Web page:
and copious—there are more than 50 of them—and we particularly liked the warm and comforting baked salmon roll with cream cheese, avocado, red onion, and crab topped with baked salmon. Lunch and dinner daily.

1 3 45 $$ Cypress

1388 Locust St., (925) 891-4197, Cypress offers oldschool fine dining in an elegant space and the spirit of Le Virage (the executive chef is a veteran of the former Walnut Creek French restaurant). The piano bar, tableside flambés, creamed spinach, and escargot will take you back in time, and reacquaint you with the taste of butter. The steak Diane (served upon request) was tender and extra rich in its made-tableside sauce, and the oven-roasted sea bass was fresh. The sauce in the creamed spinach was decadently flavorful, and the vegetable itself was tender and bright. Desserts are big on presentation— Jackson Pollock– style on big plates. Lunch Tues.–Sun., dinner daily. Weekend brunch. 2 45 $$$

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dining listings The Door 1448

S. Main St., (925) 930-8088, thedoor A dramatic redo of the former Zheng Long emphasizes heavy dark wood and a hip take on the color red, which is prominent in a photo of crimsonrobed monks. Servers are equally hip and appealing, while the new cuisine is a mix of Asian styles. A green papaya salad got us off to a zingy, refreshing start; calamari was fried light and tender; and juicy chicken satay arrived swathed in a peanut sauce. The tilapia entrée was enough fish for three people and lively enough for everyone, with lime and chili. Desserts did not stand out. Lunch and dinner daily. 1 3 4 $$

Dragon 2000 1651

Botelho Dr., (925) 287-1688, dragon2k. com. Formerly Szechwan Garden, Dragon 2000 boasts an extensive menu featuring all the enticing standards—from kung pao to chow fun—along with a wide array of more exotic options. Feeling weary of egg rolls and wontons? Sample

the flaming pao pao platter or some sweet corn cream soup. Chef’s specials include a sizzling salmon plate and lobster tail in black bean sauce. The make-your-own lunch plate lets you mix and match three items for $7.50. The restaurant recently added dim sum and sushi to its options as well. Lunch and dinner daily.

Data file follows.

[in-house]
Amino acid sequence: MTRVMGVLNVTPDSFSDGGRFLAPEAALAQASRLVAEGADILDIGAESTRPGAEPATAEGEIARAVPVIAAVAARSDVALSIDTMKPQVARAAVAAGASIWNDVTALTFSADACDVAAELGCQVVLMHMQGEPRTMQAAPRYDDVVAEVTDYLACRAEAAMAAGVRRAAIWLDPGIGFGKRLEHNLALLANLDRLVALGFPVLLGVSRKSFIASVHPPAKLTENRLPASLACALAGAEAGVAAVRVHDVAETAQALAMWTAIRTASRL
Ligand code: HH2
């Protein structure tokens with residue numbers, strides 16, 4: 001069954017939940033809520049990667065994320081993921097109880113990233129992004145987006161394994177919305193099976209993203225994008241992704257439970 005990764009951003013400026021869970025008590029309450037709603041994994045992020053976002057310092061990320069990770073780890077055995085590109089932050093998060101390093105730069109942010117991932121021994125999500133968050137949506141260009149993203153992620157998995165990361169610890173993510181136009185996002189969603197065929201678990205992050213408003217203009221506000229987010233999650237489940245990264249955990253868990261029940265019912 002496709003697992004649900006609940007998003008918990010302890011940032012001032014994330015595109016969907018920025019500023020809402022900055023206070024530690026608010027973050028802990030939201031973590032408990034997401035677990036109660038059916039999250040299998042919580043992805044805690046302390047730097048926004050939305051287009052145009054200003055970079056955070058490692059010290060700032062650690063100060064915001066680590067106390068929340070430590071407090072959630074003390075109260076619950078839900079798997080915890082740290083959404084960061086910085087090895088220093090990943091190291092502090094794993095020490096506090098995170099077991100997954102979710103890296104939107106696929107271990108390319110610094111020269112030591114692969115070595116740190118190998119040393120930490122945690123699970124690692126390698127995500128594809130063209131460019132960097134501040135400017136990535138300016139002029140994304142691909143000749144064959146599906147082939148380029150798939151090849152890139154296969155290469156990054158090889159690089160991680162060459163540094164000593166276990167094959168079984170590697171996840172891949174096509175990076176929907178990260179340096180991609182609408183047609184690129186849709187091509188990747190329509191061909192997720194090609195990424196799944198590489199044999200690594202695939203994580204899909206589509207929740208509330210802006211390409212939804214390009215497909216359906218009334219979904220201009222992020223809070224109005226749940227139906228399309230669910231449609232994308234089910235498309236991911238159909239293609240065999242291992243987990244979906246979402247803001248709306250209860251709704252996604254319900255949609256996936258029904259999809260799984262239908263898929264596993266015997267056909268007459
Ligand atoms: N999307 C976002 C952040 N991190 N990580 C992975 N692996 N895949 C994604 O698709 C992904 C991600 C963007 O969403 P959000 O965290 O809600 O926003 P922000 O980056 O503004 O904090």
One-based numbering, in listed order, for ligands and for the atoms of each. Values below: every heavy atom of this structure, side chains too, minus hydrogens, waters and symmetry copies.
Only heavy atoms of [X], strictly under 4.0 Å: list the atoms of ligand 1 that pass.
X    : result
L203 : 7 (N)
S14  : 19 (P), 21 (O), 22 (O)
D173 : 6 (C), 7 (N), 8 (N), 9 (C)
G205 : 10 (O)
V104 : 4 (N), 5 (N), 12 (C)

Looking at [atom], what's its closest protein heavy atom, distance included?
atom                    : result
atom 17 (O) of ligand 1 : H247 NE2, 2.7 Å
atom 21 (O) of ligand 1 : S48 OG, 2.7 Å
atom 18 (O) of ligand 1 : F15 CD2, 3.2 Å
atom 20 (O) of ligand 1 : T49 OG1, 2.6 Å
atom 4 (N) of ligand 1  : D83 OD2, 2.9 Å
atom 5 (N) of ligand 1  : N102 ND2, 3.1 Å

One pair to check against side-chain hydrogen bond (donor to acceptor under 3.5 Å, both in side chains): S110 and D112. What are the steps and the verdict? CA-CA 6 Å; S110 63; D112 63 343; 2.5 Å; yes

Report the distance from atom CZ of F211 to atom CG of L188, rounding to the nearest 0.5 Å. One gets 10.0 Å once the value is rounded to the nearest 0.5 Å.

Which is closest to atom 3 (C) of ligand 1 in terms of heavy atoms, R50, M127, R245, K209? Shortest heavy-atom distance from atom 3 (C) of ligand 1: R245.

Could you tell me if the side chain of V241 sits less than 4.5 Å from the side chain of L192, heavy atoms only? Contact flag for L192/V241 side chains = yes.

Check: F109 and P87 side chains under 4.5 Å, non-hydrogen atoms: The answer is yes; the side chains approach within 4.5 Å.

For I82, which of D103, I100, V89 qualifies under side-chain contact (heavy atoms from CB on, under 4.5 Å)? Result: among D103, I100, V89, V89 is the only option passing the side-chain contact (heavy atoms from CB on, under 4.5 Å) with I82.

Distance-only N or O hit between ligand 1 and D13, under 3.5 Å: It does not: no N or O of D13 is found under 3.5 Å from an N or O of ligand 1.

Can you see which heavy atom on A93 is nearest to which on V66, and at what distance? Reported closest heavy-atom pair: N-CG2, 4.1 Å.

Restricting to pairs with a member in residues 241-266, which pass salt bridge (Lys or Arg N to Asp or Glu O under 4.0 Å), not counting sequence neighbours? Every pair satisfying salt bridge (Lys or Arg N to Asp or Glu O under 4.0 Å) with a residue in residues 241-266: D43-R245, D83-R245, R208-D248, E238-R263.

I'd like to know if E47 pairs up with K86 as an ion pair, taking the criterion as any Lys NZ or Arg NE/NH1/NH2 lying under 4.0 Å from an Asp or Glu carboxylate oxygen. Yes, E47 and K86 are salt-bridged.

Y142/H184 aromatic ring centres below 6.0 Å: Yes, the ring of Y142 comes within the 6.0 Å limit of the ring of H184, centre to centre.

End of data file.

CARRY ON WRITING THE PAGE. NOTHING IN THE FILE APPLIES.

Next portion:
2 4 5 $$

Élevé 1677 N. Main

St., (925) 979-1677, eleverestaurant. com. Owner Michele Nguyen has taken the flavors of her family’s popular Pho 84 in Oakland and moved east, adding elements of class and sophistication along the way. The restaurant offers Vietnamese fare with French accents, in a setting that feels urban yet comfortable and calm. Must-try dishes include beef carpaccio, five-spice chicken, and any dessert that comes with mini madeleines. Organic, natural ingredients help make everything on the menu fresh and vibrant, extending as far as the pretty, lowkey bar, with artisanal liquors and hand-cut ice. Lunch Tues.–Fri., dinner Tues.–Sun.

2 5 $$$ 7 0 The Walnut Creek Book


1515 Restaurant Lounge 1515 N. Main

St., (925) 939-1515, Even after the bar fills with cocktail-sippers, this downtown Walnut Creek nightspot serves straightforward, feel-good food. We enjoyed a caprese salad with ripe heirloom tomatoes, tender buffalo mozzarella, fresh basil, and slightly reduced balsamic vinaigrette. The baby back ribs were smoky-sweet and tender. The club sandwich features Cajun chicken breast brought up a notch by a light grilling. Doughy, pale pizzas need work. After a few of the bar’s sweet and potent signature cocktails, you’ll be grateful the place has food. Lunch and dinner daily.

2 3 4 5 $$$$

Fleming’s Prime Steakhouse & Wine Bar 1685

Mt. Diablo Blvd., (925) 287-0297, flemingssteakhouse. com. The idea behind Fleming’s seems obvious: put the modern steak house on a diet, pricewise, while preserving much of the swank. That’s no small feat, but judging by the well-dressed

couples crowding the restaurant on a Saturday night, Fleming’s has pulled it off. We enjoyed a tender rib-eye steak, as well as a juicy veal chop that came with sides of lively béarnaise. Refreshing shrimp cocktail and meaty portobello steak fries both worked well, too, as did the waitstaff. The wine list is vast—100 available by the glass or two-ounce taste, and flights arrive on a dramatic display rack. Dinner daily. 2 4 $$$$

Fujian 1518 Bonanza St., (925) 932-0368. The menu at Fujian is as big as the restaurant is compact and comfortable, and there doesn’t seem to be much missing from the whole range of Japanese cuisine, from soba to sukiyaki and tempura. The tiny sushi and sashimi bar is crowded day and night, and at dinner the kitchen offers grilled robata yaki, flavorful skewered meats, and vegetables with various sauces. Lunch and dinner daily. 1 $$